Monday, April 14, 2014
Sullivan’s Island is in the final stages of securing the money necessary to begin its sewer pipe repair project this summer.
Before acquiring the $1.6 million requested from the Clean Water State Revolving Fund in December, the town is required to present its budget for the upcoming fiscal year to prove it can afford to pay the money back.
Sullivan’s Island already planned its budget to pay back 2 percent interest on $800,000 for the year. But because the work has since been approved as a green project, Sullivan’s Island will actually only have to pay 1 percent interest. The town’s budget isn’t due until June 30 but will be presented this week to help expedite the process.
“We’re in the very final stages of having to document to the state that the revenue we’ll have come in is enough,” Sullivan’s Island Mayor Mike Perkis said. “And it will be. We’ve already pre-budgeted. This is the last real hurdle, but it’s an easy one.”
Sullivan’s Island is estimated to be processing more than twice the water flow it should, roughly 300,000 extra gallons, due to damaged sewer pipes. Excessive infiltration and inflow is especially high in the commercial district of the island. The majority of the island’s pipe system predates 1970, with parts near Station 16 dating back as far as 1932.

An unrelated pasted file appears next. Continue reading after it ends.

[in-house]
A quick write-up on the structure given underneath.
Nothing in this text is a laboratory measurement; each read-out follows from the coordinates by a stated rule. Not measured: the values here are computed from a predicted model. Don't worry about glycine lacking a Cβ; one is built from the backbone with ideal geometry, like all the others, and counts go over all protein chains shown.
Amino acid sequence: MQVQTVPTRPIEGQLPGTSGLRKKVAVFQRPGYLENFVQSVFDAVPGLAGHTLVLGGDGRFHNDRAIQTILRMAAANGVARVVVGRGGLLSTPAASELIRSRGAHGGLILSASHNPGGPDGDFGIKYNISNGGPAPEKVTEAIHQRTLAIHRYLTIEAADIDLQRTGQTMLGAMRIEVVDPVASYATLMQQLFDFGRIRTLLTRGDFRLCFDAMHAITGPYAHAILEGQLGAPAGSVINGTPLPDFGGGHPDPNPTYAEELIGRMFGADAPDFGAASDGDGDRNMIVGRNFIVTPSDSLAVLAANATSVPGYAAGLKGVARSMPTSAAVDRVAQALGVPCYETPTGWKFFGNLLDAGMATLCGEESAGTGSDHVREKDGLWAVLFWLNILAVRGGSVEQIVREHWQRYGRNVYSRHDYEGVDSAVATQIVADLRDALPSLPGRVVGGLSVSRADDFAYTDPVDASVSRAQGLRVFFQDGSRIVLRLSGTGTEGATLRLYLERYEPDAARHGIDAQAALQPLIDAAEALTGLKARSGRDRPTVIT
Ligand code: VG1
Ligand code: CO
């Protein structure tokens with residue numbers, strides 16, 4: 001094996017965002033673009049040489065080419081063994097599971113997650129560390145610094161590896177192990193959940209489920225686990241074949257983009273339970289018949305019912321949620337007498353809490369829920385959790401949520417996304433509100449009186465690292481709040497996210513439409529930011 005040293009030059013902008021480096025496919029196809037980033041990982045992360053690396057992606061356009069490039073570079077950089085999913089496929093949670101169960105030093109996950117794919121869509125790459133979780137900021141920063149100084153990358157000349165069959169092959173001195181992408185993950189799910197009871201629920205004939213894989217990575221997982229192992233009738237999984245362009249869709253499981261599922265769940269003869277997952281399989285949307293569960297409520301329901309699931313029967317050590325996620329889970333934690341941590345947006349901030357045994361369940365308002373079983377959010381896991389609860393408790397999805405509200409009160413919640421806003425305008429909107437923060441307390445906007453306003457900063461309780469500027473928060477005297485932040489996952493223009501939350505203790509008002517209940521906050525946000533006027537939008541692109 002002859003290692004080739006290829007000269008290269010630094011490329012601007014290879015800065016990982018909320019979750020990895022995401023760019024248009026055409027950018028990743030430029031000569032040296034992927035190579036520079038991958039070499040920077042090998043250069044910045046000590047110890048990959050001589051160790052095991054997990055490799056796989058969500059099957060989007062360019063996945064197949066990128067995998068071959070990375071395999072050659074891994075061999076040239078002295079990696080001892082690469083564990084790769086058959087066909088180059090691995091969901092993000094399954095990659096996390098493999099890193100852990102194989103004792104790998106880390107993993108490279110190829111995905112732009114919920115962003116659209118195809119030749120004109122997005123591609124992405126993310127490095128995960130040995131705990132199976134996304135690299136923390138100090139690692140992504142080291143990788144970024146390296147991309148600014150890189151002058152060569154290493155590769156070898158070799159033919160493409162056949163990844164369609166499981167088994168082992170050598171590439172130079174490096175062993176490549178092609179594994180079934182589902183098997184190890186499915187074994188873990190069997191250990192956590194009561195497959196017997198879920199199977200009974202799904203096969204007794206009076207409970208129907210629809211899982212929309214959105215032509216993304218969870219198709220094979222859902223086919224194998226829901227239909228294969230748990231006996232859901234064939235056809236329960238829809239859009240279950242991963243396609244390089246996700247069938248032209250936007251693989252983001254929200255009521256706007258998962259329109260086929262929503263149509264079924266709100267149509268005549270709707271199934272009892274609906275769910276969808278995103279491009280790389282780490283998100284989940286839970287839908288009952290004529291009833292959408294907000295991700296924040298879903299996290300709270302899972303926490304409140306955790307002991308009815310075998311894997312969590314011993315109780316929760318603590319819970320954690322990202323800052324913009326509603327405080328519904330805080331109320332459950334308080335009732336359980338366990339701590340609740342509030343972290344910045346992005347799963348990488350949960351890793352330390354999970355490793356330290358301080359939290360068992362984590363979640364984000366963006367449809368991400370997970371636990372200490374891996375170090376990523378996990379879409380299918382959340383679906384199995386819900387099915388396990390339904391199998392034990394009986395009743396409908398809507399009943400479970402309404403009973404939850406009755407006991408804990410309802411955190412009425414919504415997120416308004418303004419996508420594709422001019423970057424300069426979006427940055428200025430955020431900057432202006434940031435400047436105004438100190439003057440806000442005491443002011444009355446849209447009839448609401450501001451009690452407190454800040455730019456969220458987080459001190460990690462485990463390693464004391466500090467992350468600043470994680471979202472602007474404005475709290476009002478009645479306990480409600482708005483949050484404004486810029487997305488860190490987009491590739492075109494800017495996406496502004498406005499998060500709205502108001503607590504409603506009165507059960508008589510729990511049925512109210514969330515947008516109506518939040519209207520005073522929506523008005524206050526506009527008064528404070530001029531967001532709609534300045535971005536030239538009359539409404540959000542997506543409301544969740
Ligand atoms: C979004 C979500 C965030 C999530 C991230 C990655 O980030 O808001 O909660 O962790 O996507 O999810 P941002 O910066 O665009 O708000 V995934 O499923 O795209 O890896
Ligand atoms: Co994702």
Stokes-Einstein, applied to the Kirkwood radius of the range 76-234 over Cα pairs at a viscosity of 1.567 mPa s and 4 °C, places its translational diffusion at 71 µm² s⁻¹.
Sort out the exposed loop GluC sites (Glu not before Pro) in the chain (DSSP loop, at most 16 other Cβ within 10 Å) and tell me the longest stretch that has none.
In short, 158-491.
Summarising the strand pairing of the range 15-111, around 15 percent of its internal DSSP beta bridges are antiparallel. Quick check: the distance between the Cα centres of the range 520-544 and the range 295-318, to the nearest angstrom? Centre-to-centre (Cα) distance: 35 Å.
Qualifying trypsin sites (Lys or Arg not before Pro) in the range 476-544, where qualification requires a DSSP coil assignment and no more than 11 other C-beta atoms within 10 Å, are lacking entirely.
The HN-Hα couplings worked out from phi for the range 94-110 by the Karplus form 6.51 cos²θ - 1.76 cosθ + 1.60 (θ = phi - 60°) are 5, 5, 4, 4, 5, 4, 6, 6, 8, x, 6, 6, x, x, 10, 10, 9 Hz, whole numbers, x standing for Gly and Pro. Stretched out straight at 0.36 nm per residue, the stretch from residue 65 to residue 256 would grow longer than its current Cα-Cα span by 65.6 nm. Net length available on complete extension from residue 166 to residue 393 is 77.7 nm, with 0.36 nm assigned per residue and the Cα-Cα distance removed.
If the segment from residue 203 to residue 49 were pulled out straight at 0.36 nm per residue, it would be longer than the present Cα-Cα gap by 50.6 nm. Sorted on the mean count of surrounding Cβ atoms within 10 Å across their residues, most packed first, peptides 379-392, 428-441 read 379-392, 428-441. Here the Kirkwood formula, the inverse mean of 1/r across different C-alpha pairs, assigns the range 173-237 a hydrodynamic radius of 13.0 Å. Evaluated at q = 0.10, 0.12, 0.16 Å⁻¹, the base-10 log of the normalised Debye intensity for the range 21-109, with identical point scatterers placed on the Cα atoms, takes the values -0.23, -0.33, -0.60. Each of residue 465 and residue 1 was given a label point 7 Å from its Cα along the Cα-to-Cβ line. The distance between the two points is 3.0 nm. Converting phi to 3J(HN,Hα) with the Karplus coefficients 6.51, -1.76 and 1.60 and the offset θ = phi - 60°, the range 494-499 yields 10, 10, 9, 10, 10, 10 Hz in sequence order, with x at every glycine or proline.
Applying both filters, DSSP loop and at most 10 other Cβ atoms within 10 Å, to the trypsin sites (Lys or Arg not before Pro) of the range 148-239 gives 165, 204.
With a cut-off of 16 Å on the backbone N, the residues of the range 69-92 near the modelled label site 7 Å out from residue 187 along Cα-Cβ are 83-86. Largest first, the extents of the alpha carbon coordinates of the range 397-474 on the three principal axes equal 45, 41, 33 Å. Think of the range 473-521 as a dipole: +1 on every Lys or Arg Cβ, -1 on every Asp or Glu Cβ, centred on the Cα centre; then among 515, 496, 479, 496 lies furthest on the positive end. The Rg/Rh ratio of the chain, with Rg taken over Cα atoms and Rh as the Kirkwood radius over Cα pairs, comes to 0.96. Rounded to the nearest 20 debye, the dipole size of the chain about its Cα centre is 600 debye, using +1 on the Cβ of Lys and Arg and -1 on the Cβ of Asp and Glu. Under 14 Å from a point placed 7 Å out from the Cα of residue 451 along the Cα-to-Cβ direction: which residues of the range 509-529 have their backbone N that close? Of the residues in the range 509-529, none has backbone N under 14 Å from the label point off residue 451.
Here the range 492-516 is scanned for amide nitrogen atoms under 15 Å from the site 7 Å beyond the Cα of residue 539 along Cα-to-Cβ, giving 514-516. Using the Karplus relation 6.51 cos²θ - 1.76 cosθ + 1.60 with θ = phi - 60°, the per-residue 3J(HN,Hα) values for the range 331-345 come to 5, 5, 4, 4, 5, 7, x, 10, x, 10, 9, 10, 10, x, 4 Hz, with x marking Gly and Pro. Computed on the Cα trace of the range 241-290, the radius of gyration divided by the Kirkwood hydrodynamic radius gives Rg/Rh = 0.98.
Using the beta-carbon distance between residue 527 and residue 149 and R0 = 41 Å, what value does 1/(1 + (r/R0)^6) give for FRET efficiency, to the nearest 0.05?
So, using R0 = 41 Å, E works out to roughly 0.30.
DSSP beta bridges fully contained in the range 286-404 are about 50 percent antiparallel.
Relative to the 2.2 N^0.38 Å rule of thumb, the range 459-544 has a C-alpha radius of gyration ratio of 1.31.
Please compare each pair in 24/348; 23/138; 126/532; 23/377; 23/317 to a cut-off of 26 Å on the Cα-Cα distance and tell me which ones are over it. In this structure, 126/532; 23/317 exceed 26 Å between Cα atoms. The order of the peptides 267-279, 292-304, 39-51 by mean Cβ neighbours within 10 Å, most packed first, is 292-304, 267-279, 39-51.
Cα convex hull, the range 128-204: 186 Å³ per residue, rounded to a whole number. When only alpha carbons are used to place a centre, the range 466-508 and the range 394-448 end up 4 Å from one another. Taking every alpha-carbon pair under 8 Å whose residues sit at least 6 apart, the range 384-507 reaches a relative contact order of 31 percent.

The town is planning to begin repairs by the beginning of June and complete the project within five months. The first phase of the project will cover seven miles of pipes that are deemed the most damaged. A chemical grout will be used to handle most of the repairs, filling and sealing the cracks in the pipes. This initial phase is expected to reduce leakage by 20-30 percent. The pipes that cannot be sealed will be replaced with new pipes.
“It’s been somewhat of a lengthy and complex process,” Water and Sewer Committee Chair Susan Middaugh said. “But we wanted to run over everything to make sure there weren’t any speed bumps.”
The project will be mostly unobtrusive to residents, with the crews working through manholes to avoid shutting down roads or trenching. Residents have already seen a minor hike in water bills over the past year to begin paying for the project, but spread out over two years, the increases will remain minimal.